The body of work by Philip Guston (Montreal, Canada, 1913 - New York, USA, 1980) is on display in Europe for the first time, although his later work was previously exhibited in Whitechapel in London. Following the initial waves of surrealist and metaphysical language, Guston becomes one of the preeminent figures of Abstract Expressionism in the Fifties.
In contrast to Jackson Pollock and Willem de Kooning, Guston comes from a figurative painting tradition which openly displays its admiration for past masters such as Piero della Francesca, Paolo Ucello and Francisco de Goya. In the Sixties his style radically changes since at the end of the decade he reunites with figurative language, this time around developing a very personal style that he maintains until his death.
This anthological exhibition displays seventy works by the painter that span from 1930 to 1979, starting with his figurative beginnings represented in Mother and Child (1930), a circular canvas entitled Bombardment (1937-38), the colour exhibition Gladiators (1938), the emotive Martial Memory (1941) and two paintings from 1945, If This Be Not I and Porch nº 1.
The progressive tendency towards abstraction can be appreciated from 1947 onwards as his figures start to fade away; this continues up until 1965. During this period Guston becomes imbued with the predominant movements in America, developing a style based on the build-up of concentrated tones in clear marks that tend to take up the centre of the canvases. His sad yet delicate red and pink paintings at the beginning of the Fifties label him under the term “Abstract Impressionism” due to the contrast of luminosity when compared to the works of Franz Kline, Pollock or Kooning.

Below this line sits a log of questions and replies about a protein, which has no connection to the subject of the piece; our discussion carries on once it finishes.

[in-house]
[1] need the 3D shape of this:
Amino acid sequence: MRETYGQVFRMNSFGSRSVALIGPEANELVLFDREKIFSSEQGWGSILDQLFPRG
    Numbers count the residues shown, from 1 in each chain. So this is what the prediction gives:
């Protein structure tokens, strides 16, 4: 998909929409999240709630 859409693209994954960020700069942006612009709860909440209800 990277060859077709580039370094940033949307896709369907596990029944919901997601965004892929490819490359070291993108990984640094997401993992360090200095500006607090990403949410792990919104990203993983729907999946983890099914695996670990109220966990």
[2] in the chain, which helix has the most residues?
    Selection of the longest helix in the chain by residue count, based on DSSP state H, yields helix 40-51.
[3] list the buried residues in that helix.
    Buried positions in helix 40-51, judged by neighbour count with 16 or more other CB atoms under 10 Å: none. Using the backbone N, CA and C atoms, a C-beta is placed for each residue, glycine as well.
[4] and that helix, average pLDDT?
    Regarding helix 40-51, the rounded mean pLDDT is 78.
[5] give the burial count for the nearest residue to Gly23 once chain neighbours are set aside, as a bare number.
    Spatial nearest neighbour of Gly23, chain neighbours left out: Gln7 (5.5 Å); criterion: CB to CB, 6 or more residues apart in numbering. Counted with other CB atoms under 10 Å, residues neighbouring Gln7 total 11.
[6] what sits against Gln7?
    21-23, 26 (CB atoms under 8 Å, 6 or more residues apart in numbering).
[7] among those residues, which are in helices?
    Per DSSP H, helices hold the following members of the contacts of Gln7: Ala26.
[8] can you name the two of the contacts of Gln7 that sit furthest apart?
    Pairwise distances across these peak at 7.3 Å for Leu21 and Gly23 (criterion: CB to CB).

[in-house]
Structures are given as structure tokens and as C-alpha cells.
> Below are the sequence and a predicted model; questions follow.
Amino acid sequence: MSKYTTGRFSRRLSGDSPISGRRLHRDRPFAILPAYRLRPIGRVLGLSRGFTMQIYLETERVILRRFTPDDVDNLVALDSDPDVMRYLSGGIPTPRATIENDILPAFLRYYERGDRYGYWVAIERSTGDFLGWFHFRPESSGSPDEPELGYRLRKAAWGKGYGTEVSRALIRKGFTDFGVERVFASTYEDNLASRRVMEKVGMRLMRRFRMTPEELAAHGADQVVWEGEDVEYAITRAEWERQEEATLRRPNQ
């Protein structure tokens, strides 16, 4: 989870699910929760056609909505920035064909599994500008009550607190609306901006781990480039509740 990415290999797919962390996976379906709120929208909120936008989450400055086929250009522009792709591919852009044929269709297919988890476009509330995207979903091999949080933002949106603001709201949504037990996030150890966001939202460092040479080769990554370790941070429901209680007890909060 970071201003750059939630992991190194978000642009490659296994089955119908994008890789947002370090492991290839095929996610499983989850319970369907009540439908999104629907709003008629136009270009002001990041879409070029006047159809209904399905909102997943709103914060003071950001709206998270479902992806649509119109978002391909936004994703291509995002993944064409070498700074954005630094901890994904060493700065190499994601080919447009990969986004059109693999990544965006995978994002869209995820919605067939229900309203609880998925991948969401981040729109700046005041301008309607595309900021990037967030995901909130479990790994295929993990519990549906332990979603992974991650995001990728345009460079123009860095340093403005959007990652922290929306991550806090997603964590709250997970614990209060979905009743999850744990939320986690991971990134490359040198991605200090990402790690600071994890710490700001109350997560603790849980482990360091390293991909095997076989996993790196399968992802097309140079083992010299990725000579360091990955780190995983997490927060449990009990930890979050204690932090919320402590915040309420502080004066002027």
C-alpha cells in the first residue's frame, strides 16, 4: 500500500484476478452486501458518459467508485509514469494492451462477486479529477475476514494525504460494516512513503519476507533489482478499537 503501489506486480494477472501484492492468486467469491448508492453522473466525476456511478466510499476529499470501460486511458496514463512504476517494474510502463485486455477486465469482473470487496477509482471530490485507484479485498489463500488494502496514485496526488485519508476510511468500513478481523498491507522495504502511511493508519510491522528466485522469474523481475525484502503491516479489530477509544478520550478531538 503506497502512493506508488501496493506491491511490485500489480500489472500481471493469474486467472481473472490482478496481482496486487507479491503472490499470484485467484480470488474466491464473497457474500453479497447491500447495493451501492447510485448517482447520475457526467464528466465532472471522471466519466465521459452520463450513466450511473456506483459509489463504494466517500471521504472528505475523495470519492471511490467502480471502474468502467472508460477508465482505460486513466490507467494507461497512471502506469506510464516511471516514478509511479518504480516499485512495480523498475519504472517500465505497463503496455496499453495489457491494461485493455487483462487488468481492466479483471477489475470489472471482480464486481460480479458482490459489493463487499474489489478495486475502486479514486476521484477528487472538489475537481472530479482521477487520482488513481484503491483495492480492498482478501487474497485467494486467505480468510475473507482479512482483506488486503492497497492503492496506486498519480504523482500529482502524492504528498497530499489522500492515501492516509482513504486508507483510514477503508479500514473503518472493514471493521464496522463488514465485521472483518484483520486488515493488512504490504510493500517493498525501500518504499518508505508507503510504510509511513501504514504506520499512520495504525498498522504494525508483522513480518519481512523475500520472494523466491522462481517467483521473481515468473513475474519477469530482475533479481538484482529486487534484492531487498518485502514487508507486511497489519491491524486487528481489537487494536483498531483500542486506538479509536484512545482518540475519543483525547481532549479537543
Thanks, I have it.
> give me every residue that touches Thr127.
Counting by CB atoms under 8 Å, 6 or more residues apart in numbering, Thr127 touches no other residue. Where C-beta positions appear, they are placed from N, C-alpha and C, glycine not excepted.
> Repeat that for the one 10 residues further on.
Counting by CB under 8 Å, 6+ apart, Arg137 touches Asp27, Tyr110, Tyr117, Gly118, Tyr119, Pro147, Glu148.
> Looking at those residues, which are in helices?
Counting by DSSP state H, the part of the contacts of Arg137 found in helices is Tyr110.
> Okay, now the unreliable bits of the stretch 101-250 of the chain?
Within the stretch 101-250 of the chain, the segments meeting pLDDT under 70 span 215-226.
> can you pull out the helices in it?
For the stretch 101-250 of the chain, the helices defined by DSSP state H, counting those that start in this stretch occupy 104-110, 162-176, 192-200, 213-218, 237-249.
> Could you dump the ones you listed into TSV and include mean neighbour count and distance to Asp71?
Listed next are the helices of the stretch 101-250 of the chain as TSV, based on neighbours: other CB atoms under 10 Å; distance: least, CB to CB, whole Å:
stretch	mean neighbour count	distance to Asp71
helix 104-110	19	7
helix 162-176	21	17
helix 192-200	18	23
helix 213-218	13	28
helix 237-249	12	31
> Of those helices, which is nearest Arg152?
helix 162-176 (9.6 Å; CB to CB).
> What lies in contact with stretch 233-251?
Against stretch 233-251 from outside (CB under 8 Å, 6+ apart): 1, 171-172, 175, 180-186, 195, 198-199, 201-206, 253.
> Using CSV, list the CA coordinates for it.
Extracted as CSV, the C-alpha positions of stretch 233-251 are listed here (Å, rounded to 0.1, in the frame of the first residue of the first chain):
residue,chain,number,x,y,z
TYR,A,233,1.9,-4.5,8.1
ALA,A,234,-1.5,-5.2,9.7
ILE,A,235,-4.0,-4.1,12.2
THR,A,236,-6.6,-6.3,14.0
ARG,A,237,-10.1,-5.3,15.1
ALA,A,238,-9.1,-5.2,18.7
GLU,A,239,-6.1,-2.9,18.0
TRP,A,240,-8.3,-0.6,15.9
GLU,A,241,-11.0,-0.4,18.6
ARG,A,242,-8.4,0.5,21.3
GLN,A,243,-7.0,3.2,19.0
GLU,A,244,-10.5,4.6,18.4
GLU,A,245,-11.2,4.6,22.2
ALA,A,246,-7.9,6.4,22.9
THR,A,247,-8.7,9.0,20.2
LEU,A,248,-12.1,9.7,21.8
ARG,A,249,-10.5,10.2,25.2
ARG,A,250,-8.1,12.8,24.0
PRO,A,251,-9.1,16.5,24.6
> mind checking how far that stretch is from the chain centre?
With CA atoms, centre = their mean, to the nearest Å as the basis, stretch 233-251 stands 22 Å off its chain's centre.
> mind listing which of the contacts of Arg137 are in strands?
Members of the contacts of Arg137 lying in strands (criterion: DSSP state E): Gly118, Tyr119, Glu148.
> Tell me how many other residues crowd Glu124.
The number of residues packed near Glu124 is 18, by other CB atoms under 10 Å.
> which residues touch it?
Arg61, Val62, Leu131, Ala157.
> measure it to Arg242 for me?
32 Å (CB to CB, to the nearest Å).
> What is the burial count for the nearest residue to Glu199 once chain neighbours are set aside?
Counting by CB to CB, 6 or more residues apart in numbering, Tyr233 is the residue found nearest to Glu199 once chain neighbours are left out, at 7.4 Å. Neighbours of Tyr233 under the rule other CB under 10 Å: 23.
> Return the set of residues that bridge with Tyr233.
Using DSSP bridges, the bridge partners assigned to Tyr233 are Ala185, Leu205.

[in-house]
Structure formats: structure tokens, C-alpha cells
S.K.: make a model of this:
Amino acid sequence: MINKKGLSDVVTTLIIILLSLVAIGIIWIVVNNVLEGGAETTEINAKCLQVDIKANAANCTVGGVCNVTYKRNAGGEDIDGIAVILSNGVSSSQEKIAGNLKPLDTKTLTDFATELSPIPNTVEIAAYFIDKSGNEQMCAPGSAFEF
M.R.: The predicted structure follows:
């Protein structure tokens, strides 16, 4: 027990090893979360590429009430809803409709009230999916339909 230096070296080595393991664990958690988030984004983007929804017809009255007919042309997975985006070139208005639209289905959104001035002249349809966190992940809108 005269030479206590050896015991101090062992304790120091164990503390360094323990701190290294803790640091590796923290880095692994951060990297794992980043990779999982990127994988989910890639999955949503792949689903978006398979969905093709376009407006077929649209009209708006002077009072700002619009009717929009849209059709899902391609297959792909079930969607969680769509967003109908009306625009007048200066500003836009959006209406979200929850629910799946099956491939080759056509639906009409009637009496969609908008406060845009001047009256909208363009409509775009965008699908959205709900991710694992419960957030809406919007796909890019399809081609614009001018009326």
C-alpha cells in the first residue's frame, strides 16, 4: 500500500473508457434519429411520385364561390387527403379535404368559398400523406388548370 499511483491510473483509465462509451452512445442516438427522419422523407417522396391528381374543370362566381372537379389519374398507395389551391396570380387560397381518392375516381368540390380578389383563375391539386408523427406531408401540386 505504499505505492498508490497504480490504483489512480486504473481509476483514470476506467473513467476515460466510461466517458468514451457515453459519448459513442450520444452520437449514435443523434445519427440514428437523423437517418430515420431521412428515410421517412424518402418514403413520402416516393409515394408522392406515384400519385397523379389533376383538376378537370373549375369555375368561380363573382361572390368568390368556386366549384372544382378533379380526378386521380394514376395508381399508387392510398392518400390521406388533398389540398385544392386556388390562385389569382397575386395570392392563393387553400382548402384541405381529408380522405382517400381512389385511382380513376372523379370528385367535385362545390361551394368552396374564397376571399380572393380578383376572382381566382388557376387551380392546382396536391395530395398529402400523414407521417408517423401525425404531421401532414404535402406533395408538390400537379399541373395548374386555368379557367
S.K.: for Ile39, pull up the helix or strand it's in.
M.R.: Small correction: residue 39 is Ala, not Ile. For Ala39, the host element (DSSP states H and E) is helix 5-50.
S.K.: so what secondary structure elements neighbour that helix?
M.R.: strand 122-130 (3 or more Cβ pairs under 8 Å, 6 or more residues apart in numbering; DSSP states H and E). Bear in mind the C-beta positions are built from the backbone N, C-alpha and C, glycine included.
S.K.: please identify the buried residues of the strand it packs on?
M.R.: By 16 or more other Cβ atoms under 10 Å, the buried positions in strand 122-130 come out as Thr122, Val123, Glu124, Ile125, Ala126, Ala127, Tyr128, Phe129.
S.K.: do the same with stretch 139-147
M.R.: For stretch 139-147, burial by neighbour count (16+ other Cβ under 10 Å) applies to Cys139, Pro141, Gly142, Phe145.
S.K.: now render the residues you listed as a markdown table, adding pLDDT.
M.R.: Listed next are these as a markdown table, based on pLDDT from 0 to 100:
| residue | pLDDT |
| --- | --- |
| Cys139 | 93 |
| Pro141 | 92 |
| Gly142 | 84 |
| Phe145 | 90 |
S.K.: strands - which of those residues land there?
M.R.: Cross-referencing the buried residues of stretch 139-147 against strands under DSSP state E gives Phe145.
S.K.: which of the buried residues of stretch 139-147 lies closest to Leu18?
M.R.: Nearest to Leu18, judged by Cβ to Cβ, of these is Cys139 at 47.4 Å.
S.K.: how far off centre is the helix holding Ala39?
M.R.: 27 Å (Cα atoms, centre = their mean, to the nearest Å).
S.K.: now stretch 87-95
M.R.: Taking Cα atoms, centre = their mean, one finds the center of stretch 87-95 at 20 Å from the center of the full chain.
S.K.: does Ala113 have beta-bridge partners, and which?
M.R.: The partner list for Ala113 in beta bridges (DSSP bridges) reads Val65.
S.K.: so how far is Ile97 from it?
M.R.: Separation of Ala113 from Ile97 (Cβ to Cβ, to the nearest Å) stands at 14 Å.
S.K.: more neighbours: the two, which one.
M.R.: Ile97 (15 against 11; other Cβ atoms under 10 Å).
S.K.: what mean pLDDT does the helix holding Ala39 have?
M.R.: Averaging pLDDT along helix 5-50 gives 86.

No stranger to large-scale pieces, canvases such as Confrontation (1974), Head and Bottle, Studio Landscape and Web, all from 1975, and Room (1976) depict Guston's comfort in exercising his new figurative style. These works contrast with a minimal part of his small-scale work, represented in this exhibition by works such as First Book (1967) and Untitled, Sole and Head (1968).
Guston was one of the first artists to publicly express his concerns over the supreme importance given to abstraction - he felt that methodology had been exalted into ideology. The hypothetical purity of abstraction had little to do with his conception of painting, which becomes freely expressed through direct and obvious humour, as can be seen in The Studio (1969) and Allegory (1975).
The Seventies constitute the period when Guston focuses on his emotional, political and psychological preoccupations - practically the entirety of his figures are self-portraits. The artist appears either sleeping, eating, drinking or painting as refinement gives way to humour and pomposity. The clearest example is East Coker-T. S. E. (1979), one of the most revealing pieces in the exhibit whereby a head is laid on a pillow as a premonition of impending death, which would strike Guston down just two years later.
Palau de la Virreina, Barcelona (May 25 - July 16, 1989); Dallas Museum of Art (November 19, 1989 - January 14, 1990)